I’m a part-time legal librarian and part-time fitness instructor – for Crossfit and weight-lifting in particular. I’m 53, divorced and have two adult sons and that’s it at the moment. I am enjoying the challenge of being single and navigating the hurdles it brings.
My lifestyle is probably considered a healthy one by a lot of people. I try to eat pretty cleanly. I follow the paleo regime, which is basically really unprocessed. The thing that I really cut out is wheat, grains and cane sugar. Apart from that I have dairy, I don’t drink alcohol and I cut coffee out about ten years ago. I was a coffee addict and have not gone back to that.
Life-style change for fitness and stress relief
In changing my lifestyle, exercise was first and that was a stress relief and a fitness thing. I started when I was still married and the kids had just gone to school. I’ve always had kind of an interest in it [fitness], in that I would have fits and starts at gyms, and never committed. It wasn’t until I was 38 that I started with Euan (coach at Unreal PT) three times a week. After a few months I was training five days a week.
When my marriage broke down, the fitness became a stress release. It was something I could focus on when everything else was falling apart. And the diet really followed quite a few years after that, after a retreat at Camp Eden. What I noticed from that was my health was different – I felt better. Because I was drinking so much coffee I was having heart palpitations and had an upset stomach. So yeah – I feel better now. I used to drink alcohol socially but it was never a major part of my life. I didn’t ever get into wine a lot.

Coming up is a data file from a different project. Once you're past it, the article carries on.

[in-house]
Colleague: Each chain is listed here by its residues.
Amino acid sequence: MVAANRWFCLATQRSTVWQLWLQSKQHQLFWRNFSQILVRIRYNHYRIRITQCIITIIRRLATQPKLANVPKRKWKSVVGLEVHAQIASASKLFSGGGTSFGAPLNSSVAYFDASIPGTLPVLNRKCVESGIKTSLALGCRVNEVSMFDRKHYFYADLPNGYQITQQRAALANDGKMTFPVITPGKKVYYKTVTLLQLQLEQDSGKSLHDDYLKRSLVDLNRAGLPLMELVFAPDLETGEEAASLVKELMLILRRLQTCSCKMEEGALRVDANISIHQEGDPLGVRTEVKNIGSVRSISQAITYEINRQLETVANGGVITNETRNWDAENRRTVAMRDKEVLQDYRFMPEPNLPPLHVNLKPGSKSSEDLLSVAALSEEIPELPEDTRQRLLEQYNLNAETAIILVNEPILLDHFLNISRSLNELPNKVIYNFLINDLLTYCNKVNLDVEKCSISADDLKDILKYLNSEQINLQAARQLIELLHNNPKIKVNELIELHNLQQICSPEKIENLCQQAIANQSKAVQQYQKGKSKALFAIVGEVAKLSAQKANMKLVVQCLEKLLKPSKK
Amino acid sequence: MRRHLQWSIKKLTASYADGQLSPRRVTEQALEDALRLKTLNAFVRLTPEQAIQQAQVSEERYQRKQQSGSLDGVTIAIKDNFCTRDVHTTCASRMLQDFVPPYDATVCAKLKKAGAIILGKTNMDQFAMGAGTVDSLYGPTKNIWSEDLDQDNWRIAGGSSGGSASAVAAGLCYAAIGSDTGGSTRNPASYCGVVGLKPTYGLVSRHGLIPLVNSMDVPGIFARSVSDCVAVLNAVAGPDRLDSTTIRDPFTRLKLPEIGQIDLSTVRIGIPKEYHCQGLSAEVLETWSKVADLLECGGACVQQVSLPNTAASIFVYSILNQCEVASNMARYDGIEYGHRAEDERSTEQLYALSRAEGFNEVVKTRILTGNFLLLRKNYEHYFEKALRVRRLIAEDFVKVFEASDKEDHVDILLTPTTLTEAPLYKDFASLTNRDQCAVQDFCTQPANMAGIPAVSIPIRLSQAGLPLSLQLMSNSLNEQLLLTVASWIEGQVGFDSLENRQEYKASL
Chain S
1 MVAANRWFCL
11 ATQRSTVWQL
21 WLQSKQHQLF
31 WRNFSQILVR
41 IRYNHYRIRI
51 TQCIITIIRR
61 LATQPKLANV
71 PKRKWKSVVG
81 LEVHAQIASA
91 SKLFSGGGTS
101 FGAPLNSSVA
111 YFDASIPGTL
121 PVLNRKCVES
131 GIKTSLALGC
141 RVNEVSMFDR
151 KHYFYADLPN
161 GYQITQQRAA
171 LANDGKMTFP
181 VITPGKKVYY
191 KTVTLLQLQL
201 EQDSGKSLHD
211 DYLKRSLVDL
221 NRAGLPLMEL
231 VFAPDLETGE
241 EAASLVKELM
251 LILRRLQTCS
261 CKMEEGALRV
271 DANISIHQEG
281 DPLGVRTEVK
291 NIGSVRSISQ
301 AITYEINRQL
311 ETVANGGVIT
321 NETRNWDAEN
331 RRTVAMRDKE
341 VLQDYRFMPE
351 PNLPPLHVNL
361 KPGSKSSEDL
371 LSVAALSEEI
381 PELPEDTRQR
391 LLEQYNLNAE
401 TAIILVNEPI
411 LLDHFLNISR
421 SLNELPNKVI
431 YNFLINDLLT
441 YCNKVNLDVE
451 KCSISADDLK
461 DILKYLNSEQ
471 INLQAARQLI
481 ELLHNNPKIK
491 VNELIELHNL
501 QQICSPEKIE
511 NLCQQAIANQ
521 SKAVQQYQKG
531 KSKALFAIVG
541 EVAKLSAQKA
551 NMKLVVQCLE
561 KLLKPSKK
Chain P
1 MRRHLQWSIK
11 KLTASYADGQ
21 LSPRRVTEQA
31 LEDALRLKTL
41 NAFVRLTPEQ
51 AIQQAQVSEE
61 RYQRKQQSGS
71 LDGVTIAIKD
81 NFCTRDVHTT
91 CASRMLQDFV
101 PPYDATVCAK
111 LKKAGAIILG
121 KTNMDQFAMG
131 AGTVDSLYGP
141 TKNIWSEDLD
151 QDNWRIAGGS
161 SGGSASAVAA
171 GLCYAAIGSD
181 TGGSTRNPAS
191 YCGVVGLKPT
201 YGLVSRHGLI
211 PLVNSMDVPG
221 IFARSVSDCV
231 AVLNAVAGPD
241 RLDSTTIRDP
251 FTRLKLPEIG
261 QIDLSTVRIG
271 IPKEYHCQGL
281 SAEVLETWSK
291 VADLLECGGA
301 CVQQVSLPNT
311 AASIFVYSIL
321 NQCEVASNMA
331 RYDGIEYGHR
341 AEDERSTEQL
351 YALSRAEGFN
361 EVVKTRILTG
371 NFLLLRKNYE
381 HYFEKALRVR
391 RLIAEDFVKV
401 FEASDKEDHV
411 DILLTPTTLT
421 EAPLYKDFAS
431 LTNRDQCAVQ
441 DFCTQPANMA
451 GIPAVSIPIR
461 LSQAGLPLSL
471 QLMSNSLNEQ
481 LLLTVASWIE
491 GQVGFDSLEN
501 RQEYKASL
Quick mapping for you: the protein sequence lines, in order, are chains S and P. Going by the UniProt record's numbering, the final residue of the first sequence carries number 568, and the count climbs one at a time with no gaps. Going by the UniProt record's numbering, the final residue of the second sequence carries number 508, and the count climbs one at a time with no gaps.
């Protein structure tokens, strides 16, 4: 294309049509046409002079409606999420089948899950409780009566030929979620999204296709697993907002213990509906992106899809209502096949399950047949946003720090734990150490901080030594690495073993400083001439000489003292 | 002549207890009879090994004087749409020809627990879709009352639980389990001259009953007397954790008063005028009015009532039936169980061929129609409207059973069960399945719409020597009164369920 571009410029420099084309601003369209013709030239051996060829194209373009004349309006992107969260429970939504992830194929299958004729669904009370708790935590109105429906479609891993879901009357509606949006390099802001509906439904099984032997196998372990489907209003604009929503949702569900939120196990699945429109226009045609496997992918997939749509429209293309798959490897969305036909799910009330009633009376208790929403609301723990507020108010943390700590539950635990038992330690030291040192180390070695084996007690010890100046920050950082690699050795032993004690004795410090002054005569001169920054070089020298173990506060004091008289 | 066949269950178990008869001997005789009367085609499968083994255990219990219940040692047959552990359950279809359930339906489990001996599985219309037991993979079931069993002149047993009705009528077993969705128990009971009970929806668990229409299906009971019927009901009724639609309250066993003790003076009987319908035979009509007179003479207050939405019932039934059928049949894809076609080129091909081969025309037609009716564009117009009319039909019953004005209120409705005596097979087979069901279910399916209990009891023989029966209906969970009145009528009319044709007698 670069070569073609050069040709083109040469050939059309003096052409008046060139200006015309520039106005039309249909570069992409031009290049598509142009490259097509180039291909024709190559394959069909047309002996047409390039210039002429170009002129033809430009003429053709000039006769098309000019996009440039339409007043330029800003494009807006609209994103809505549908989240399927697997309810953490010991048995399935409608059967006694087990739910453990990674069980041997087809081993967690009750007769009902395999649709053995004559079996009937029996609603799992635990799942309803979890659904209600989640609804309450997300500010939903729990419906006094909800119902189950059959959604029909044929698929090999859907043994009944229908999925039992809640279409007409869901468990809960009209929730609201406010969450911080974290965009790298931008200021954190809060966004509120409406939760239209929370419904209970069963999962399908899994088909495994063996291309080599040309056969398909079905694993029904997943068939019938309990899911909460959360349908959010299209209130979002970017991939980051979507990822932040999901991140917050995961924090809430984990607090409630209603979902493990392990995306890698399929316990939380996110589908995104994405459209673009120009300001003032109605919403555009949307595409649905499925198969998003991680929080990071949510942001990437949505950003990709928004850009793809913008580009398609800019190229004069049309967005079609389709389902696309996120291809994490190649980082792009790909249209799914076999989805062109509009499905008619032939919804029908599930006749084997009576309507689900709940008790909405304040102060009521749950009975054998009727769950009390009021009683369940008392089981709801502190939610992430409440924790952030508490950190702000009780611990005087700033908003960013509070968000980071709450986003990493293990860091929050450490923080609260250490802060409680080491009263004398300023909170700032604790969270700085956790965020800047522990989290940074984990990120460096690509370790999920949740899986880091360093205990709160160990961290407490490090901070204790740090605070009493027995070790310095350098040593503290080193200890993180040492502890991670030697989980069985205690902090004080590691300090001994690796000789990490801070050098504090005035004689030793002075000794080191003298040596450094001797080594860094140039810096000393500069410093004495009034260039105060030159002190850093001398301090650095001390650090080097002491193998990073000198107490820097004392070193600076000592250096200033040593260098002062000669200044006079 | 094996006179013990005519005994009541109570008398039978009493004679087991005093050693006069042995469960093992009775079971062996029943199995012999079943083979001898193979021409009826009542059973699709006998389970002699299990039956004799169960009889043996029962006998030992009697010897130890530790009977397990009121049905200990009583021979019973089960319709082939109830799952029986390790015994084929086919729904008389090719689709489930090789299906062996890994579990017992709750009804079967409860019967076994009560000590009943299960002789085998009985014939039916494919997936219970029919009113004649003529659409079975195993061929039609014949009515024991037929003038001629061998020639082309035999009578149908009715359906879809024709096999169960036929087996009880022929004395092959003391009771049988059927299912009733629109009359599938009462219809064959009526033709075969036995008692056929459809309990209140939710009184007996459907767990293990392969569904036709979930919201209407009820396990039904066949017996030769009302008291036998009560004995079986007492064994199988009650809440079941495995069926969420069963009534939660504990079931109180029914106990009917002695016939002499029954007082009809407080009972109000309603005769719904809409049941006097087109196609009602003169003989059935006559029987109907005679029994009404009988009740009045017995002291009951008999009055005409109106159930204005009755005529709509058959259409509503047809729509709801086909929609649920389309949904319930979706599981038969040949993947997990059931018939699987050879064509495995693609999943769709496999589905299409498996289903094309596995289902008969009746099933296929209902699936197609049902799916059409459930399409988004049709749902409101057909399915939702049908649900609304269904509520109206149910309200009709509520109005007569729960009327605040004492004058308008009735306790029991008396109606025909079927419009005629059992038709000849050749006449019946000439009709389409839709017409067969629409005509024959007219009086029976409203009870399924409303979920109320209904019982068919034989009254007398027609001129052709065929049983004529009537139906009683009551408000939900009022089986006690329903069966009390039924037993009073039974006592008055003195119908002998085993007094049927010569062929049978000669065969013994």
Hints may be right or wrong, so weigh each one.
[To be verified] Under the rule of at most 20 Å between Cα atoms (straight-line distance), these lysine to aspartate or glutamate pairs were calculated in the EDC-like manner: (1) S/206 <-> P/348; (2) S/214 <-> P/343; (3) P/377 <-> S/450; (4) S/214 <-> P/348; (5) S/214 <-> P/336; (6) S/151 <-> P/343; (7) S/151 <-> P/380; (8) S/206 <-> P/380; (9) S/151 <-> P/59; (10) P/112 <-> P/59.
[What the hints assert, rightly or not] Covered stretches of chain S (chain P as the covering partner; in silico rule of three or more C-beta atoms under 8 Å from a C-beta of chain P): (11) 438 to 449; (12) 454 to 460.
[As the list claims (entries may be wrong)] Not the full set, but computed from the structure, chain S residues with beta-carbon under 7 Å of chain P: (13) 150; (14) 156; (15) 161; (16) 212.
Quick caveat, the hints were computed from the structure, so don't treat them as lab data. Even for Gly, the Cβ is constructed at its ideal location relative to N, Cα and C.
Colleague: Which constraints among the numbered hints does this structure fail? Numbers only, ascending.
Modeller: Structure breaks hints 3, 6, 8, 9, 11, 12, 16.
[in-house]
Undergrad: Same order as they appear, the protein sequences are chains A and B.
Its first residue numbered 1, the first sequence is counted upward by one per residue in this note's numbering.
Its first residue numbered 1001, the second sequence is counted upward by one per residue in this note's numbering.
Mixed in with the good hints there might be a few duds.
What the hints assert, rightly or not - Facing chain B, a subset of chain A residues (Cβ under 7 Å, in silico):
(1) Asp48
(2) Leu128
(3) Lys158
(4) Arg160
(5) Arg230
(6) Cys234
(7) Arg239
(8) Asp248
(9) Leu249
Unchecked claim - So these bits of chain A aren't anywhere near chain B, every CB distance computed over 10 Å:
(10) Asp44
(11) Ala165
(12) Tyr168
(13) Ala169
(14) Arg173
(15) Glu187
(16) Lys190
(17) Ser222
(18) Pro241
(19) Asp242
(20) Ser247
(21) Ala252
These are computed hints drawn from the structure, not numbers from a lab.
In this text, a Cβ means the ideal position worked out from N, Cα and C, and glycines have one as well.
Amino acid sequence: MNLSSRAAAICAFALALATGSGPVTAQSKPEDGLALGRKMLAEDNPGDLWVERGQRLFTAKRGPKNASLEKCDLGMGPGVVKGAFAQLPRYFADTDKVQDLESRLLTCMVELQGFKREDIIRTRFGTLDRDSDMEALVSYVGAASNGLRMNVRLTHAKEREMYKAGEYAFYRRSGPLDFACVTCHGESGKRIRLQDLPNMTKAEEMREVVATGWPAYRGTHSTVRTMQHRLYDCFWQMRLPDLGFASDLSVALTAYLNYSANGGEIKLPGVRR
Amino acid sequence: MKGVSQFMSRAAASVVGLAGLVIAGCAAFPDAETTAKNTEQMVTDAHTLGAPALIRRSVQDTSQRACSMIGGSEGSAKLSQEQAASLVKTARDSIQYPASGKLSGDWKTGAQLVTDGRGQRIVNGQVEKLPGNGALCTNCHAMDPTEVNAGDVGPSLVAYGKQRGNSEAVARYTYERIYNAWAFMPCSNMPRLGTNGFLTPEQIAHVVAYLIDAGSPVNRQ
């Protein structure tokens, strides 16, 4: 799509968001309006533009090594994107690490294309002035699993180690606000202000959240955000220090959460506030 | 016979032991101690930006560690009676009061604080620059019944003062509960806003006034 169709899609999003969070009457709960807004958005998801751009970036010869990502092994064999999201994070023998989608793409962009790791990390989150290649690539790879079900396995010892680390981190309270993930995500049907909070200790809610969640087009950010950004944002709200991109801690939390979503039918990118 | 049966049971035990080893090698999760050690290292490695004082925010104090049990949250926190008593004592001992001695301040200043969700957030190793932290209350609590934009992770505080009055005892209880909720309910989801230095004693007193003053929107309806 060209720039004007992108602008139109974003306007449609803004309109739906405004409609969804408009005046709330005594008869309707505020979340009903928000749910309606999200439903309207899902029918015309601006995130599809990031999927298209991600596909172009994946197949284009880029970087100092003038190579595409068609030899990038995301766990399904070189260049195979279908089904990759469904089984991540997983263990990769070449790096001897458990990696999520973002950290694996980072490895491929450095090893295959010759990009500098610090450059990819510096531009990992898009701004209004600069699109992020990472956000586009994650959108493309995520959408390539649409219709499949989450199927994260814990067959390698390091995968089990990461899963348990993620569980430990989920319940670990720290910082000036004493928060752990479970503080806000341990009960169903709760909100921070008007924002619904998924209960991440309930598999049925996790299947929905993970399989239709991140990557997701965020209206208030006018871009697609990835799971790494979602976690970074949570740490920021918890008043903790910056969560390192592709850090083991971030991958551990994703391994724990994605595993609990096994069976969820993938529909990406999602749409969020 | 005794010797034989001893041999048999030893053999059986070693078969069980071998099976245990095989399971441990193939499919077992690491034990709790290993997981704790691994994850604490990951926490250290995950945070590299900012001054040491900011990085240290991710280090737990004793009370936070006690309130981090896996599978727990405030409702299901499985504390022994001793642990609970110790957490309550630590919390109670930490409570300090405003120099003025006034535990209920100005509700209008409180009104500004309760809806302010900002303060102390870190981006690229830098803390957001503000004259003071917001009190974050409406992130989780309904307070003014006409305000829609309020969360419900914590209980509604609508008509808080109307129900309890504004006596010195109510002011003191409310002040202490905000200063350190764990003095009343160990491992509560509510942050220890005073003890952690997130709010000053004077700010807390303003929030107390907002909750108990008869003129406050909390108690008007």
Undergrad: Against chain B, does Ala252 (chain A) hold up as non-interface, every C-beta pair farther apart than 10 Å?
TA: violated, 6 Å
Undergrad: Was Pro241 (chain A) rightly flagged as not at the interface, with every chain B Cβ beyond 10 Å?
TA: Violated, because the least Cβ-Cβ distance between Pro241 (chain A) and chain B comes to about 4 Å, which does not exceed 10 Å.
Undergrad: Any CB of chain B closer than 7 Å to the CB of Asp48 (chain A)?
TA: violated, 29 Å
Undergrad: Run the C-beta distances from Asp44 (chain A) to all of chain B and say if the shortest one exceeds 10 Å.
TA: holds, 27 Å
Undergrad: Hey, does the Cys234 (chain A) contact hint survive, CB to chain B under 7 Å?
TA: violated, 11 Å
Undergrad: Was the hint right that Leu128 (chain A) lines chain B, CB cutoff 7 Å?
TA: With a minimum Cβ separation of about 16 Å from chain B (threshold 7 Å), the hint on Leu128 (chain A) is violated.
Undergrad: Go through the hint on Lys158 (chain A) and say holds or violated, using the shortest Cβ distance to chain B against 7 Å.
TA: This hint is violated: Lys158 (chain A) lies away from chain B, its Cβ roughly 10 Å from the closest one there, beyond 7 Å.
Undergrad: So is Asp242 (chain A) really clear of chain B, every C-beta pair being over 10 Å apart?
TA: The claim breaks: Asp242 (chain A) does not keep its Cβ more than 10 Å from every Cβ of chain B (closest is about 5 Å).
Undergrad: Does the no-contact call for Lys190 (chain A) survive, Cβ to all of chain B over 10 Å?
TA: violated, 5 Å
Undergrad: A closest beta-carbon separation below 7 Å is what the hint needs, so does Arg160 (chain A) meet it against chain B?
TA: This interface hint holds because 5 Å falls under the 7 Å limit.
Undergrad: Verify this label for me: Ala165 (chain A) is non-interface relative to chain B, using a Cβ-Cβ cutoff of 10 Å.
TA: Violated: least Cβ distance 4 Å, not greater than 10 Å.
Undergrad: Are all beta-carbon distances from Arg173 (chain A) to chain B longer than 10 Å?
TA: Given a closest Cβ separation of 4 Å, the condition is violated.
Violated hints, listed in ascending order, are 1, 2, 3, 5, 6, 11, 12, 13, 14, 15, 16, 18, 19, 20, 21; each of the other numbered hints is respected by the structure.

Change is easy when it’s a choice
It is easy to keep the lifestyle up now. It wasn’t when
I started – it’s been a very gradual shift. Now it is a choice I make. I have a whole repertoire of things I can cook that are healthy, and I’m much more educated about it, so it’s easier. When I go out for dinner I try to stick to it but if I can’t I don’t say I’m not eating. I‘m not that strict with it – although people would say that I am.
The girls at work think I am crazy because they will have cake and I won’t … but they’re very respectful and don’t ridicule me like some do. Generally, it’s people I don’t know very well – a whole circle of friends I don’t see a lot any more. A lot of people just want you to indulge because they’re indulging and it makes them feel a little bit uncomfortable. It’s nice to have people that actually respect that that’s my choice, and just leave me alone to do it. Think I’m crazy if they want but just leave me to do it.
The ideal lifestyle?
Do I have the ideal lifestyle? I do inasmuch as my kids are off my hands. I have my independence back. I have just moved into a little flat that requires no maintenance and is quite comfortable. I’m working part-time in an office situation – and I am only doing that for the money. It is only three days a week which is a good compromise for me – to maintain the gym work and do some work there which is what I really enjoy.
I have recently acquired the taste for travel and would like to do more of that. I would like to go back to Europe – I particularly liked Italy, and would like to see more of France, then there’s Japan and South Africa … the list goes on.
My most recent fantasy is to live in Mornington. I like the bay. I have heard of people living somewhere and spending a couple of nights elsewhere – having a room in a house. So I reckon I could do that – live in Melbourne and find a room in someone’s house in Mornington, for a couple of nights a week. That’s my latest thing!